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Raindrops and Turbulence in a Cloud

Rama Govindarajan1, S. Ravichandran2, Jason Picardo1, Samriddhi Sankar Ray1, S. Ganga Prasath1, Vishal Vasan1

1 International Centre for Theoretical Sciences, Tata Institute of Fundamental Research, Bengaluru, India.
2Nordita, KTH Royal Institute of Technology and Stockholm University, Stockholm, Sweden.

Corresponding Author: Rama Govindarajan. Email: .

The International Conference on Computational & Experimental Engineering and Sciences 2019, 22(4), 194-194.


A cloud is in turbulent motion. It contains water vapour, aerosol particles and liquid water droplets. Depending on local levels of supersaturation, condensation takes place onto the aerosol particles and tiny droplets are formed. Our studies are aimed at understanding how these droplets grow in a short time, thought to be of the order of ten minutes, from about a micron in size into raindrops, which are of the order of millimeters. An important part of the process is collisions between droplets, some of which results in coalescence. Caustics from a single vortex are shown to be important for enhancing collisions between droplets [1]. We then ask how this process affects cloud turbulence [2], and show that significant amounts of small scale vorticity is produced in cloud turbulence as compared to standard turbulence where there is no phase change. We then discuss [3] how collisions between droplest happen in highly strained regions of the flow which are often not regions of highest droplet clustering due to turbulence. In the first part of the study [1-3] we assume that droplets may be described by the simplest form of the Maxey-Riley equation, including just Stokes drag. We next [4] show that the Basset history force, which is often neglected, can change the dynamics significantly. We show how to compute this force exactly for various time-independent flows, and how to compute it accurately with low memory requirement for a general flow.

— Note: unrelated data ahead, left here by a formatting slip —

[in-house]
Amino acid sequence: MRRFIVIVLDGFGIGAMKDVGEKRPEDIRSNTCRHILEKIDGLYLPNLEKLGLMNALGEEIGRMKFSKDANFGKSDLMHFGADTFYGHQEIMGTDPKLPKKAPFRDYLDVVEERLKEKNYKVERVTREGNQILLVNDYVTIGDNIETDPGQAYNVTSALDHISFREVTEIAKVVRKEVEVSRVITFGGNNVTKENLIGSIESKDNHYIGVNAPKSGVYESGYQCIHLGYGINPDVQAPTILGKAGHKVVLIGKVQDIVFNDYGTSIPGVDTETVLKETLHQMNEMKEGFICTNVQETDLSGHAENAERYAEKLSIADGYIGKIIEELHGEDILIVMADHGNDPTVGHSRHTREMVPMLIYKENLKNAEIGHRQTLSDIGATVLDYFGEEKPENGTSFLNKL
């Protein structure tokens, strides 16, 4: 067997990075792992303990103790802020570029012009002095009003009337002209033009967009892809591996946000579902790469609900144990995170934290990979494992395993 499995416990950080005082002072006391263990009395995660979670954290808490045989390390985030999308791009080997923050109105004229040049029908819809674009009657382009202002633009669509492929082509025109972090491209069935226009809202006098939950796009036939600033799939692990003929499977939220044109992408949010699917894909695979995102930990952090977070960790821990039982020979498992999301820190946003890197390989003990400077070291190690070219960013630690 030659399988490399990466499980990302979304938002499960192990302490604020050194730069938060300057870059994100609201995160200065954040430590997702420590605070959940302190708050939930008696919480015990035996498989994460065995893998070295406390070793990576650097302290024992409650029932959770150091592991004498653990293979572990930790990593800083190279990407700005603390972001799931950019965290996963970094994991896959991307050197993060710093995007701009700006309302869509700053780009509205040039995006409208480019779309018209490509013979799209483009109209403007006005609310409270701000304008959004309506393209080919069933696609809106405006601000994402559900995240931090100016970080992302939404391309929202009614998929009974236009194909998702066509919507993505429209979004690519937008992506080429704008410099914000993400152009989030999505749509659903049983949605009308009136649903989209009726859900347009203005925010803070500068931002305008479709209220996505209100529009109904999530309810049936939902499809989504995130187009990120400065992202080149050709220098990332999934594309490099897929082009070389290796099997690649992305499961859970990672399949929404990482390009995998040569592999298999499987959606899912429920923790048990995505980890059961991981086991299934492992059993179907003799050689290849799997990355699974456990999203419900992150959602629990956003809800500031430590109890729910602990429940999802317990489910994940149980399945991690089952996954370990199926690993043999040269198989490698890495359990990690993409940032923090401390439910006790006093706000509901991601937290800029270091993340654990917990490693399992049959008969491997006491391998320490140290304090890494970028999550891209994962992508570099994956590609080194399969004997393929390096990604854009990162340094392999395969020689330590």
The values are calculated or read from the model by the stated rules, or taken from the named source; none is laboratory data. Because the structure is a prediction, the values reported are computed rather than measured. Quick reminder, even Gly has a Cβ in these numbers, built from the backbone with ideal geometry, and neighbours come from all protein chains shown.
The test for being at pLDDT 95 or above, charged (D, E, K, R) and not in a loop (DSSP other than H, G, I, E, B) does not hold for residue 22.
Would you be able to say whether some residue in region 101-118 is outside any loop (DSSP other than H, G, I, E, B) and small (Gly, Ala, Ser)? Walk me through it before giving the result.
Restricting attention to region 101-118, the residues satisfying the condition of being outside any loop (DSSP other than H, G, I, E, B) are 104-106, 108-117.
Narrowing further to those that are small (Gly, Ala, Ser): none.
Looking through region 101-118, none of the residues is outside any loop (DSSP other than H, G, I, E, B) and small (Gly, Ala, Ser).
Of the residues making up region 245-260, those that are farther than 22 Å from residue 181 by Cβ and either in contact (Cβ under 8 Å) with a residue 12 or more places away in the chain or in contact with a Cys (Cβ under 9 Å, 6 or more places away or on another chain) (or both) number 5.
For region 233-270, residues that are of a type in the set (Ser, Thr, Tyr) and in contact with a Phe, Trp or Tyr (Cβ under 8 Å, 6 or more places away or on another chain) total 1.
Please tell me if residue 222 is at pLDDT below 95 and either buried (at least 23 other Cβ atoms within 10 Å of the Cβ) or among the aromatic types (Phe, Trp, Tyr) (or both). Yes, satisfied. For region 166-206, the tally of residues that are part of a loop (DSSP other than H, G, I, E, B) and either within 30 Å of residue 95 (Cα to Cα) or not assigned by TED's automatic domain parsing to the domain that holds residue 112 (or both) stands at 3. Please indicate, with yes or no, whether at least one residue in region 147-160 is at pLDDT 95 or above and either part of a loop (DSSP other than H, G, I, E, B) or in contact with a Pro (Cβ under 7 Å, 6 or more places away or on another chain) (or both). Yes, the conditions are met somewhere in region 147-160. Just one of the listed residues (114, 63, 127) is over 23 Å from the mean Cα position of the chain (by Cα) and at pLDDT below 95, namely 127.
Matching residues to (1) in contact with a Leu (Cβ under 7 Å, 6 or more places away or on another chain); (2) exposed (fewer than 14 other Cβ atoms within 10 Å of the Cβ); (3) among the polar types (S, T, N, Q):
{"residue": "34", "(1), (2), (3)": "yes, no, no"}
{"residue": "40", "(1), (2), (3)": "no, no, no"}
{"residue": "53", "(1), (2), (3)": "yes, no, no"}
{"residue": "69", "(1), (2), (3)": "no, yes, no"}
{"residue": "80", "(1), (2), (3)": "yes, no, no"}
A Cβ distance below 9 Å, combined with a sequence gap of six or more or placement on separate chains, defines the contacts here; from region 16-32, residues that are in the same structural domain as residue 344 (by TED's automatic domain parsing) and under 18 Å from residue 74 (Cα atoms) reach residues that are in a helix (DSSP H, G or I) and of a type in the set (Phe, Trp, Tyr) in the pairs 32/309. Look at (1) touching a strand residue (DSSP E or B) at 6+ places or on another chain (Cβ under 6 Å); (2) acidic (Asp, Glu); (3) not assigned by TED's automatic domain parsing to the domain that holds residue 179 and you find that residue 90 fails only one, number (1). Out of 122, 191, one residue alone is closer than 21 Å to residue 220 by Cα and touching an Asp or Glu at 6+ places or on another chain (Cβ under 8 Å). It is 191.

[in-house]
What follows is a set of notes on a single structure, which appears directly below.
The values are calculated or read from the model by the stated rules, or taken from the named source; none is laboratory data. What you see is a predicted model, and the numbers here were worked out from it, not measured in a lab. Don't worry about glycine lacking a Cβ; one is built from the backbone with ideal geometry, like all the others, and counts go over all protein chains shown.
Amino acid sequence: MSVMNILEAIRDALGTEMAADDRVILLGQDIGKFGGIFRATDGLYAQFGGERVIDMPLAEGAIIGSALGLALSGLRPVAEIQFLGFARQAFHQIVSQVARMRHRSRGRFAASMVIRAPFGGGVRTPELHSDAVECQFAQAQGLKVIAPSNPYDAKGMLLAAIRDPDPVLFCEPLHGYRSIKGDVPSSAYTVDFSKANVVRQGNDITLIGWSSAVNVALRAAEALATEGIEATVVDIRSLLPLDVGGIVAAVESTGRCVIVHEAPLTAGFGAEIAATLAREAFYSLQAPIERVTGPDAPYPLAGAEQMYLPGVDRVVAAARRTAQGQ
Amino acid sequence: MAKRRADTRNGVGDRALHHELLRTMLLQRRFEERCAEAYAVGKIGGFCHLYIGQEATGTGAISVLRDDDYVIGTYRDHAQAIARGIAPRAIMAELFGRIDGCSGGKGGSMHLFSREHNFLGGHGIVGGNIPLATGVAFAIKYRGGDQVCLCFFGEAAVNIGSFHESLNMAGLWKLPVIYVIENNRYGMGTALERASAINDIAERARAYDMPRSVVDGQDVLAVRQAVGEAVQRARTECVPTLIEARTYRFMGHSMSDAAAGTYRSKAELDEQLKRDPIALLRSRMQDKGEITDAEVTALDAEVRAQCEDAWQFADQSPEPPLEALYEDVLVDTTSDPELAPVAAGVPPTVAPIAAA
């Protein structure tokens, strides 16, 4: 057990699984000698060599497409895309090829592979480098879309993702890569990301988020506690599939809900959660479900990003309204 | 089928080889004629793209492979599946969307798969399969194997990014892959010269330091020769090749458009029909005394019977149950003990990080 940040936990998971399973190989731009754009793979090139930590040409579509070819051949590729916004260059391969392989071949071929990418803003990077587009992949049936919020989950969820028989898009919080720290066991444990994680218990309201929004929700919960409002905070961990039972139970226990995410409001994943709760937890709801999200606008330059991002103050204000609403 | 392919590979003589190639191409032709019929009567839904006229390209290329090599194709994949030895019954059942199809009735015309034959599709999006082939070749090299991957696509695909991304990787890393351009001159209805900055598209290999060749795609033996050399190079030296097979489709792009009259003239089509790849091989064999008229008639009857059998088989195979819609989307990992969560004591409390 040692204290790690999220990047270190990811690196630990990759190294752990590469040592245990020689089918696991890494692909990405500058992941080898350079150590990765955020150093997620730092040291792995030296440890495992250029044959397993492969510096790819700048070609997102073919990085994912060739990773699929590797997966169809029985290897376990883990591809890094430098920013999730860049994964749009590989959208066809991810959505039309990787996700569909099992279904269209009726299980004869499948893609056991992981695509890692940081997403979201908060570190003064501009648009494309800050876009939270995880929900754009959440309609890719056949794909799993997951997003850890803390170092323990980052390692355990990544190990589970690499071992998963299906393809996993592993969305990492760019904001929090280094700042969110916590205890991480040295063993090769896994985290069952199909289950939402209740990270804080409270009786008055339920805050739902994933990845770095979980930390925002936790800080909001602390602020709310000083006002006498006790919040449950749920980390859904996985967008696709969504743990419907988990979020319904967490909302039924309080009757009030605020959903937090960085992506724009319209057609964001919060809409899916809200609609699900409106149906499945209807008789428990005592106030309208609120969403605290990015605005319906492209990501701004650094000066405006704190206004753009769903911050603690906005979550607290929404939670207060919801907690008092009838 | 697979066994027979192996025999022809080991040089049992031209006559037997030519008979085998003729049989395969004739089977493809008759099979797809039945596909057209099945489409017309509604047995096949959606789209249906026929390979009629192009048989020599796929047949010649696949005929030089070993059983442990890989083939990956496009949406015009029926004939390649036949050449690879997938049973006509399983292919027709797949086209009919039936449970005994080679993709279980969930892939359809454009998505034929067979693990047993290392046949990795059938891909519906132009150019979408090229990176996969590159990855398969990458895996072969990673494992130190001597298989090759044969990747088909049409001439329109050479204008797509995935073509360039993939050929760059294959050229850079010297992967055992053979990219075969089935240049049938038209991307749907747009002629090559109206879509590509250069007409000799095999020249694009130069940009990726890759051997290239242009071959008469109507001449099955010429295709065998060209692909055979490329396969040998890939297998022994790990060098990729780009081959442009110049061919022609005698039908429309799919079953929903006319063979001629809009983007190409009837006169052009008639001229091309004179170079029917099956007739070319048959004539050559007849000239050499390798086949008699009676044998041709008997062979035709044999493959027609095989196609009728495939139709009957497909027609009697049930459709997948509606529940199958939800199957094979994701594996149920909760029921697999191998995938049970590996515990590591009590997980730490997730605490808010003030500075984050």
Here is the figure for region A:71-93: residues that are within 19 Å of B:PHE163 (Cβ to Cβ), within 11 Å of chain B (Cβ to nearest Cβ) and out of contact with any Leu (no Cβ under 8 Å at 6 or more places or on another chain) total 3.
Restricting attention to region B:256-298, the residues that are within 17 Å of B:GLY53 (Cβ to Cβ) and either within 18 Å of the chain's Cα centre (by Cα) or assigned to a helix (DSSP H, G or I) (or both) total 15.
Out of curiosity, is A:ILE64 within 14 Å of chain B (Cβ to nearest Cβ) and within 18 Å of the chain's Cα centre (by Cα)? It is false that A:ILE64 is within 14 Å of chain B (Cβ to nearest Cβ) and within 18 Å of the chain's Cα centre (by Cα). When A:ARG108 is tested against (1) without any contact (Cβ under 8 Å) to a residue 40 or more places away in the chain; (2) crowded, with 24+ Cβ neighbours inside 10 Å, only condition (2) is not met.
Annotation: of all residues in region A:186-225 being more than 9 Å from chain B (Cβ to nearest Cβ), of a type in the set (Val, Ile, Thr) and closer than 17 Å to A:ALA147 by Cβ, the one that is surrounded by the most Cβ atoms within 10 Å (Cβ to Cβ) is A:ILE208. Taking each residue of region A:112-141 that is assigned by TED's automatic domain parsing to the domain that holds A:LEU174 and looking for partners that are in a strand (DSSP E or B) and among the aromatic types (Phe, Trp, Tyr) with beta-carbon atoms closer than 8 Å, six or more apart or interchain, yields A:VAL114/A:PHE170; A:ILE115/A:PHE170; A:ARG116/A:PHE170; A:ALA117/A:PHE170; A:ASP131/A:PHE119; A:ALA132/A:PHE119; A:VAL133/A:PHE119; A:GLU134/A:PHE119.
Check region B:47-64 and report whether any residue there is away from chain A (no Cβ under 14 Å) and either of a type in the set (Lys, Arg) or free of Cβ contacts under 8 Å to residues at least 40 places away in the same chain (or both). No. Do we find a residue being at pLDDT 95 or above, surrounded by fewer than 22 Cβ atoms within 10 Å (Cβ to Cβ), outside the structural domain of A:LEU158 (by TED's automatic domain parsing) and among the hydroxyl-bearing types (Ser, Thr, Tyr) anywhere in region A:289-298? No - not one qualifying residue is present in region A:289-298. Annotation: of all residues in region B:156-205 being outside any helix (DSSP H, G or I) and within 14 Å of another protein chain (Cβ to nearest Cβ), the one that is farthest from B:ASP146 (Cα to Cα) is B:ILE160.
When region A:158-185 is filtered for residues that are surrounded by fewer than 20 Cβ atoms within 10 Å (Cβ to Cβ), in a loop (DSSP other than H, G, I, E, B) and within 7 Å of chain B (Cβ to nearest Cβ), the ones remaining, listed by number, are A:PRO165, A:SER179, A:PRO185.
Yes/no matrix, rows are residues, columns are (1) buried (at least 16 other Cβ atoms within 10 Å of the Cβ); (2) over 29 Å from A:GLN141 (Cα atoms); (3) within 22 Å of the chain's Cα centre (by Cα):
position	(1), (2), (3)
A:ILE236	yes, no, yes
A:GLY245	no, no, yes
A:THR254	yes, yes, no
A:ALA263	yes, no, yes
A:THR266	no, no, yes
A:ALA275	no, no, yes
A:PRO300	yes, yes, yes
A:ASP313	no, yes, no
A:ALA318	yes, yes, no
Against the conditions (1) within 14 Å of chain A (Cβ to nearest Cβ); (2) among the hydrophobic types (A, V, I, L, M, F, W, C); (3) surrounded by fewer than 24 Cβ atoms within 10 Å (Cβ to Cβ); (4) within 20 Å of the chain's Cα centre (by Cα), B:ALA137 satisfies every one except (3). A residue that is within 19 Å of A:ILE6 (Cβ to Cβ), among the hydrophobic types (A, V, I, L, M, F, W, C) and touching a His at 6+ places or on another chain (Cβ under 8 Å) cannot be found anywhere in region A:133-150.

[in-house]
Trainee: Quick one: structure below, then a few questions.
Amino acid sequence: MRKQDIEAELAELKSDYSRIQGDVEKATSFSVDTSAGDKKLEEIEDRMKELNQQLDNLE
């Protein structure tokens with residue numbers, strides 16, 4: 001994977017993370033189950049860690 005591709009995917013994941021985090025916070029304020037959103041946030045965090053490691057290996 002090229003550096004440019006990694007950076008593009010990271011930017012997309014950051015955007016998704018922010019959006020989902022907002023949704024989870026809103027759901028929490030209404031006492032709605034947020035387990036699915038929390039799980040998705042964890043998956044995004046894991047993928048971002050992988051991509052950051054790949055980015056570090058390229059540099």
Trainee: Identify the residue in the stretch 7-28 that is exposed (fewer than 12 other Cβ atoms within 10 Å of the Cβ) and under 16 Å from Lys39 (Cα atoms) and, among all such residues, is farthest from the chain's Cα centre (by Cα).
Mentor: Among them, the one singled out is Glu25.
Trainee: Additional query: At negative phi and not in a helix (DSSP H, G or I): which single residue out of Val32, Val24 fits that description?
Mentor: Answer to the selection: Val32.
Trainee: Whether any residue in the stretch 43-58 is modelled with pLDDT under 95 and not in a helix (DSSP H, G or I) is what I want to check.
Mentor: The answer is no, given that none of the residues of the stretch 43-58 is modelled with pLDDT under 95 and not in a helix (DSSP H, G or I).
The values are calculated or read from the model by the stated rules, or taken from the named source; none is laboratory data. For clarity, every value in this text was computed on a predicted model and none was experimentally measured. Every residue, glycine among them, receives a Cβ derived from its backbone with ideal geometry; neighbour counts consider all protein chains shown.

Cite This Article

Govindarajan, R., Ravichandran, S., Picardo, J., Ray, S. S., Prasath, S. G. et al. (2019). Raindrops and Turbulence in a Cloud. The International Conference on Computational & Experimental Engineering and Sciences, 22(4), 194–194.

This work is licensed under a Creative Commons Attribution 4.0 International License , which permits unrestricted use, distribution, and reproduction in any medium, provided the original work is properly cited.
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